Chapter 7 Bankruptcy
As a consumer with overwhelming financial problems, you have two options if you decide to choose bankruptcy as a remedy to manage your debt: Chapter 7 or Chapter 13. Both types of bankruptcy have to be filed and approved by the court, but the difference is that a Chapter 7 will eliminate all allowable debt, while chapter 13 will forgive some debt, consolidate other debt, and set up a repayment schedule of typically 3 to 5 years.
Benefits of Chapter 7 Bankruptcy
Chapter 7 forgives debts due to creditors and relieves you from the obligation of repaying them. Clearwater bankruptcy lawyer, Jake Blanchard will guide you through the process that involves listing all your debts and submitting forms to the court. Once the process is in motion, you no longer have to endure collection calls, wage garnishments, repossessions, foreclosures, or lawsuits. The law does require that you take a short Debtor Education Course to help you plan your new debt-free life.
Although Chapter 7 forgives most consumer debt, medical expenses, personal loans, judgments, deficiency debts from repossessed vehicles and foreclosed property, and personal injury debt, there are certain debts that are not considered “dischargeable.” Most student loans, certain taxes, alimony and support, penalties, fines, criminal restitution, or debts you accrue by intentionally injuring someone else cannot be put in the bankruptcy.
Do you qualify for Chapter 7 Bankruptcy?
Obtaining forgiveness of your debts is a serious matter, so your attorney will work with you to see whether you qualify. According to the Florida Bankruptcy Code, you must pass a means test that examines your income, expenses, debts, exemptions, and assets, and verifies that you are unable to repay the debt. If you make less than the Florida median income for households of the same or similar size, you pass the test and your attorney is able to move on to file your bankruptcy. You also pass if the majority of your debt is not consumer debt.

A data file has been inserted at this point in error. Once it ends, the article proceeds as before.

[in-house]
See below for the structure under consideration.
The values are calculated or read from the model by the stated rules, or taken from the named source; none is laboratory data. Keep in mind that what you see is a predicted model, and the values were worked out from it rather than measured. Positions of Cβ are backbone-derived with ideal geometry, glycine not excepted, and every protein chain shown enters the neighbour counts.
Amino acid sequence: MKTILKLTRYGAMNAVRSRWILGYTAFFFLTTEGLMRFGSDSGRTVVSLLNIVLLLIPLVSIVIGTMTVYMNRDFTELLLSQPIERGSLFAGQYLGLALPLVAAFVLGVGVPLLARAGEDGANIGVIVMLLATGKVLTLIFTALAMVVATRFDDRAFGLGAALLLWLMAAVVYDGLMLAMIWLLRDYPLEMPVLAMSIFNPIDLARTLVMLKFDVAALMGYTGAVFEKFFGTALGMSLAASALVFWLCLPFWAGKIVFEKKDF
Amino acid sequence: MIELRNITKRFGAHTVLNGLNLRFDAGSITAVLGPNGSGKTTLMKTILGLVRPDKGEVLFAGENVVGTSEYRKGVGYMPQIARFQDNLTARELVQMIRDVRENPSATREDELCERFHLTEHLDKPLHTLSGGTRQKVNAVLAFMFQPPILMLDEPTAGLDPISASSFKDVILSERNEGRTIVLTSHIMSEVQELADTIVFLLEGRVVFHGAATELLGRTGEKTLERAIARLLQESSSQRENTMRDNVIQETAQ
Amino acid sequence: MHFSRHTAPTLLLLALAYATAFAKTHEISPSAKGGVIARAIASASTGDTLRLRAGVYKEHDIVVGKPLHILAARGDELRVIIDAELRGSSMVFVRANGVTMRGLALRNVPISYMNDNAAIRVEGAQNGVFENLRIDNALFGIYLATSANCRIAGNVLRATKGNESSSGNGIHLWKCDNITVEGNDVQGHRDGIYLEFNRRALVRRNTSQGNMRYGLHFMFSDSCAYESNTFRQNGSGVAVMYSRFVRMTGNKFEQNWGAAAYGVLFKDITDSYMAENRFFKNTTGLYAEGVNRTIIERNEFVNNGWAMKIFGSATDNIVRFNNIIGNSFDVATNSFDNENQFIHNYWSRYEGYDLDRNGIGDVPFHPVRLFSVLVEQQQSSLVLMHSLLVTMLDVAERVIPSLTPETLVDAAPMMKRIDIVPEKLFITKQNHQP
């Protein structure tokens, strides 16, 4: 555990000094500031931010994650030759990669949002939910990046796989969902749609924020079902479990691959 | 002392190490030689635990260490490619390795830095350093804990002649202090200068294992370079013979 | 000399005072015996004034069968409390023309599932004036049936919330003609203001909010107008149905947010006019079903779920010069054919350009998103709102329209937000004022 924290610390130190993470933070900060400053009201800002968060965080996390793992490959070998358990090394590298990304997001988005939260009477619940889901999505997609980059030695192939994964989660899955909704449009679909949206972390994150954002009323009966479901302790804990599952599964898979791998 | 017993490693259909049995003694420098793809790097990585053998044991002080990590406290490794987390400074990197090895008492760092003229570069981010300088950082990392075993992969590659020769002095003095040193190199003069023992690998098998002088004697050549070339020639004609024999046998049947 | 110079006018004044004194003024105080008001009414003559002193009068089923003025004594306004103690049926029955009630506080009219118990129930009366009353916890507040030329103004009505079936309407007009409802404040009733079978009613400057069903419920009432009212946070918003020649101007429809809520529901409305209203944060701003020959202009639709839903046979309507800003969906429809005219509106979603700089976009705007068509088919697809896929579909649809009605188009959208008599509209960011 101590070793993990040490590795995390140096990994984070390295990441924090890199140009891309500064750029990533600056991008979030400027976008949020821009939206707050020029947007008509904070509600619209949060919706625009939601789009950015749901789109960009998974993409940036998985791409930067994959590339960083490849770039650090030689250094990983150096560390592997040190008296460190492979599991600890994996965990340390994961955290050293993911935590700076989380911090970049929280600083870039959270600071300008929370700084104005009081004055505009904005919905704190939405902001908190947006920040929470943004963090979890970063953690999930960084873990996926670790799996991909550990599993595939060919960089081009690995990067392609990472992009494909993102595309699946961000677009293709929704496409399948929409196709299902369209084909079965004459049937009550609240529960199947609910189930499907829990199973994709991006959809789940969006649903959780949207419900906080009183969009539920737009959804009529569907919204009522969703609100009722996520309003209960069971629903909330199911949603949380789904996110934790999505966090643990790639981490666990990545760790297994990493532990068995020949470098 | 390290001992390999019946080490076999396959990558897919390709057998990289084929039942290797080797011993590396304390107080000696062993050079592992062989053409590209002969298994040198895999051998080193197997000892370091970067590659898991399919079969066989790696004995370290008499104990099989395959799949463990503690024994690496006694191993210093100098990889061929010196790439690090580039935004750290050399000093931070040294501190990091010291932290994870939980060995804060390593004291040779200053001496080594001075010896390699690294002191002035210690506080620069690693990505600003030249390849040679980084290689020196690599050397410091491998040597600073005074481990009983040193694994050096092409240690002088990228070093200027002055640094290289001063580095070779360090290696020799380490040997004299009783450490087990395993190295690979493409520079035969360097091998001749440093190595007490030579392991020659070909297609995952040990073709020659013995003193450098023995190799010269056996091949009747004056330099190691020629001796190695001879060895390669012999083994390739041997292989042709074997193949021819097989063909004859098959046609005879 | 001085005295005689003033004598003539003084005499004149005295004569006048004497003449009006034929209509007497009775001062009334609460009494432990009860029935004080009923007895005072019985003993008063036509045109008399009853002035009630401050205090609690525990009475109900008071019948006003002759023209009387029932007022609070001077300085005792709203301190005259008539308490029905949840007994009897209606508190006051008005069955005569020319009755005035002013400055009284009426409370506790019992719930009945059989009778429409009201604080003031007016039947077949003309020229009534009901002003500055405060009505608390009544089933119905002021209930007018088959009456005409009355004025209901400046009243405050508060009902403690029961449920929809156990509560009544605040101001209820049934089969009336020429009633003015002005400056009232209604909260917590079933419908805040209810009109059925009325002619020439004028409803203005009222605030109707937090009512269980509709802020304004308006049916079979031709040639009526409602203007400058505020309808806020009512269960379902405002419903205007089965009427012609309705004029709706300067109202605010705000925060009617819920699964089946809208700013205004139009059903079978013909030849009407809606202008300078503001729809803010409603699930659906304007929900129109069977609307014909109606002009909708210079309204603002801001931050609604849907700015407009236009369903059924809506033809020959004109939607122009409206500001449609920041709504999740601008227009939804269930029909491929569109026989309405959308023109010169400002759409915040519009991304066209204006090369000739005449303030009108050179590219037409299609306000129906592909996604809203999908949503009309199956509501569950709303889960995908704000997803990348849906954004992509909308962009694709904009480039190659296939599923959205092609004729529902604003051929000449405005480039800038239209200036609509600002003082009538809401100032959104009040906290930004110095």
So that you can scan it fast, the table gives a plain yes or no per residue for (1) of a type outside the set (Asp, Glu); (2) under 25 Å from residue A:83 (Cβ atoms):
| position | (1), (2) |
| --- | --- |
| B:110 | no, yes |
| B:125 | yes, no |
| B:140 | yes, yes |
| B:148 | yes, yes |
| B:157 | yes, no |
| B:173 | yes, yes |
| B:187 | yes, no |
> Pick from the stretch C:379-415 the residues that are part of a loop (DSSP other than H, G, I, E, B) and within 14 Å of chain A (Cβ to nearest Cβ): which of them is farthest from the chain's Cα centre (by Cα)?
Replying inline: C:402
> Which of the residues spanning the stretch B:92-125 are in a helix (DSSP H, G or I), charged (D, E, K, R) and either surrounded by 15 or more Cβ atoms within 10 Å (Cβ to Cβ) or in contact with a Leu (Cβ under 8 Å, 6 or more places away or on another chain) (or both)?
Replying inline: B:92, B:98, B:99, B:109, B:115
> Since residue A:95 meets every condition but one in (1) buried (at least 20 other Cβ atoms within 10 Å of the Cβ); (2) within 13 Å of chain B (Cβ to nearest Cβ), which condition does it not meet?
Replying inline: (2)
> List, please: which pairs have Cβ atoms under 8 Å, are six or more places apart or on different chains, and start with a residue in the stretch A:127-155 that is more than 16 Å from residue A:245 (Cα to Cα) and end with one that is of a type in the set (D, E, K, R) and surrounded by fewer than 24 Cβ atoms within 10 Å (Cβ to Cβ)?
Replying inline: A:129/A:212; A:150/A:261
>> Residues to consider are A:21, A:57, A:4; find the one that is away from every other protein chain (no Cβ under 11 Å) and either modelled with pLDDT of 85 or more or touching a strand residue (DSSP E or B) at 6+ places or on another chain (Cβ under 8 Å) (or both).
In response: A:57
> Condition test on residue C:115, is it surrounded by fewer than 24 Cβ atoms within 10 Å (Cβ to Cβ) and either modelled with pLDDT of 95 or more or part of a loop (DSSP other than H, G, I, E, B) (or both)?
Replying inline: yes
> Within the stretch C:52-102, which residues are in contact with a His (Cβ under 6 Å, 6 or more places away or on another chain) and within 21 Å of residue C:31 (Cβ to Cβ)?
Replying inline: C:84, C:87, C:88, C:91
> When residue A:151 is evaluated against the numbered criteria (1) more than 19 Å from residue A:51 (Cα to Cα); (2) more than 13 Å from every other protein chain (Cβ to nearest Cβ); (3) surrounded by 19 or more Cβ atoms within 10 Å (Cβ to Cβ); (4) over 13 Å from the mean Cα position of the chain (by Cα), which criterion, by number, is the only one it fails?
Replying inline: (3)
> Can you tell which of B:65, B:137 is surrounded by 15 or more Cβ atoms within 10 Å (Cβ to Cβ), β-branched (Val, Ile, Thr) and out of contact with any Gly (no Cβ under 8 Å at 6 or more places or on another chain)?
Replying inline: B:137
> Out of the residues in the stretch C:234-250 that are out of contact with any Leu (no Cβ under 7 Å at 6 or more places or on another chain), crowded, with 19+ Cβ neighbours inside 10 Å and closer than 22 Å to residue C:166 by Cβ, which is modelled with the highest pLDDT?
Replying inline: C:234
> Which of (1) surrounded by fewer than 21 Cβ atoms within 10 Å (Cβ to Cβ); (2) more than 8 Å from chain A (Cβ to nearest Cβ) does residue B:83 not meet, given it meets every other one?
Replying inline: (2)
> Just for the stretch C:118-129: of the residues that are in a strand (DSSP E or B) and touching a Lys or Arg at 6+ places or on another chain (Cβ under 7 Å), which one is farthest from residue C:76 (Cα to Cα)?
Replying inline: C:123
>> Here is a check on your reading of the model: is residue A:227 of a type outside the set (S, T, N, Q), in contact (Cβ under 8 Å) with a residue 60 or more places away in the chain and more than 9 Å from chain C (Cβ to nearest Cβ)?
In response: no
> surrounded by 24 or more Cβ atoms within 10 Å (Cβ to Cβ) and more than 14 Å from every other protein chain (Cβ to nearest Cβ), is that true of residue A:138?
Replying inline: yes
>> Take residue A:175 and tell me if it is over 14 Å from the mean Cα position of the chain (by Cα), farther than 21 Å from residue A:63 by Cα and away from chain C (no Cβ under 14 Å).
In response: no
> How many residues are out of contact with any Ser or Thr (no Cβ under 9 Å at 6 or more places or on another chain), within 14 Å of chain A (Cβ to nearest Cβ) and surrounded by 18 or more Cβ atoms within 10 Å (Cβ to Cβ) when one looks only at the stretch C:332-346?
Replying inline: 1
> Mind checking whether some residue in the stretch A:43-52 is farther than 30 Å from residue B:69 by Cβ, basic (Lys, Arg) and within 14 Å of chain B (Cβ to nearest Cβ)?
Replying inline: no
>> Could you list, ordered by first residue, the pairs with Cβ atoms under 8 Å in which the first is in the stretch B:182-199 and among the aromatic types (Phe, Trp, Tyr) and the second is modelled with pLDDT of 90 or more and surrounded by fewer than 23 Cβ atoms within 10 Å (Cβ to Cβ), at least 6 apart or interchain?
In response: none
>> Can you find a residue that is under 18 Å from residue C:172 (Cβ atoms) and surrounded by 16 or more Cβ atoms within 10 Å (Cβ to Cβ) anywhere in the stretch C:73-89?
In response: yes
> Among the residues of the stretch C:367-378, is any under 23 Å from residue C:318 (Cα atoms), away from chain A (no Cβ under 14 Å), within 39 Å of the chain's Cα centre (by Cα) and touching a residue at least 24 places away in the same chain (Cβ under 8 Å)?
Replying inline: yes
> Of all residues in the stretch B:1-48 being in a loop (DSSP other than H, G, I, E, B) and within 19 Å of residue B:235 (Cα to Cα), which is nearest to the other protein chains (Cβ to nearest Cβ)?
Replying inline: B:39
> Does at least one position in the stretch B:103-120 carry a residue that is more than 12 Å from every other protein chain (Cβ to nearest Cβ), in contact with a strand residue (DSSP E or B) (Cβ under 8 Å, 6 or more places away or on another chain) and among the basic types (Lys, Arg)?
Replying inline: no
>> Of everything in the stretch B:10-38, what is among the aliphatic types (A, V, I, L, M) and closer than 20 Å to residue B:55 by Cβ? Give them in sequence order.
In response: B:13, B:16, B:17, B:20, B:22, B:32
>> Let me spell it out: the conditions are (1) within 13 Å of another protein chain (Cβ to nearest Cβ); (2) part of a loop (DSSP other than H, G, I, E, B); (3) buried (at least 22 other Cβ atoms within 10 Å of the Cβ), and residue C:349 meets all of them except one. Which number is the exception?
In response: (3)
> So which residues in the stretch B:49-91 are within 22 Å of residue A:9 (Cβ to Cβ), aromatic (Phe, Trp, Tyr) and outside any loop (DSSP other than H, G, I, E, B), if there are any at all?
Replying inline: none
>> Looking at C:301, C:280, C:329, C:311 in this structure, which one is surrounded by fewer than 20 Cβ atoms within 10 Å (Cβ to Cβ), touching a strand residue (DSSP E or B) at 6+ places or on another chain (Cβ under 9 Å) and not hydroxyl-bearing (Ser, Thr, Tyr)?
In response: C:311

If your income is greater than the median, you must pass part two of the means test, which analyzes your finances to determine your current monthly income (CMI) vs. allowed expenses for housing, transportation, taxes, food, clothing, etc. The purpose of the test is to determine how much, if any, disposable income you have left that could be applied to your debt. If you do not pass the means test, you are not eligible to file Chapter 7 bankruptcy, but can apply for Chapter 13.
What To Expect After The Means Test
Successful candidates can move on to the next stage in the process, which will ultimately leave you debt free. Once your attorney files the papers, several things happen:
• You receive an Automatic Stay of Bankruptcy, which means that your creditors receive notification of your impending bankruptcy.
• Secured creditors, such as the bank that holds your mortgage, will typically dispute your filing.
• The court appoints a Chapter 7 Trustee who will handle your case and arrange for the sale of any nonexempt assets you hold.
• The trustee sets up a “creditors meeting,” also known as a 341 meeting, to ask you a few questions about the information that your attorney has submitted.
• If the trustee and your creditors have no objection, most of your debt will be discharged.
• About four months after you have filed for bankruptcy, you will receive a notification of your bankruptcy discharge in the mail.
Put Your Trust In Blanchard Law, P.A.
Although the process sounds simple, you need an experienced attorney to help you present your case effectively. Jake Blanchard, your Clearwater bankruptcy attorney, will help you properly determine your assets and expenses and help you retain ownership of your home and vehicle if you are able to make the payments on them. As he is also a qualified Clearwater foreclosure attorney, he can help you through that process as well if necessary.
If you think that Chapter 7 bankruptcy might be an option for you, contact Blanchard Law today at (727) 531-7068 or fill out our website form for a free consultation.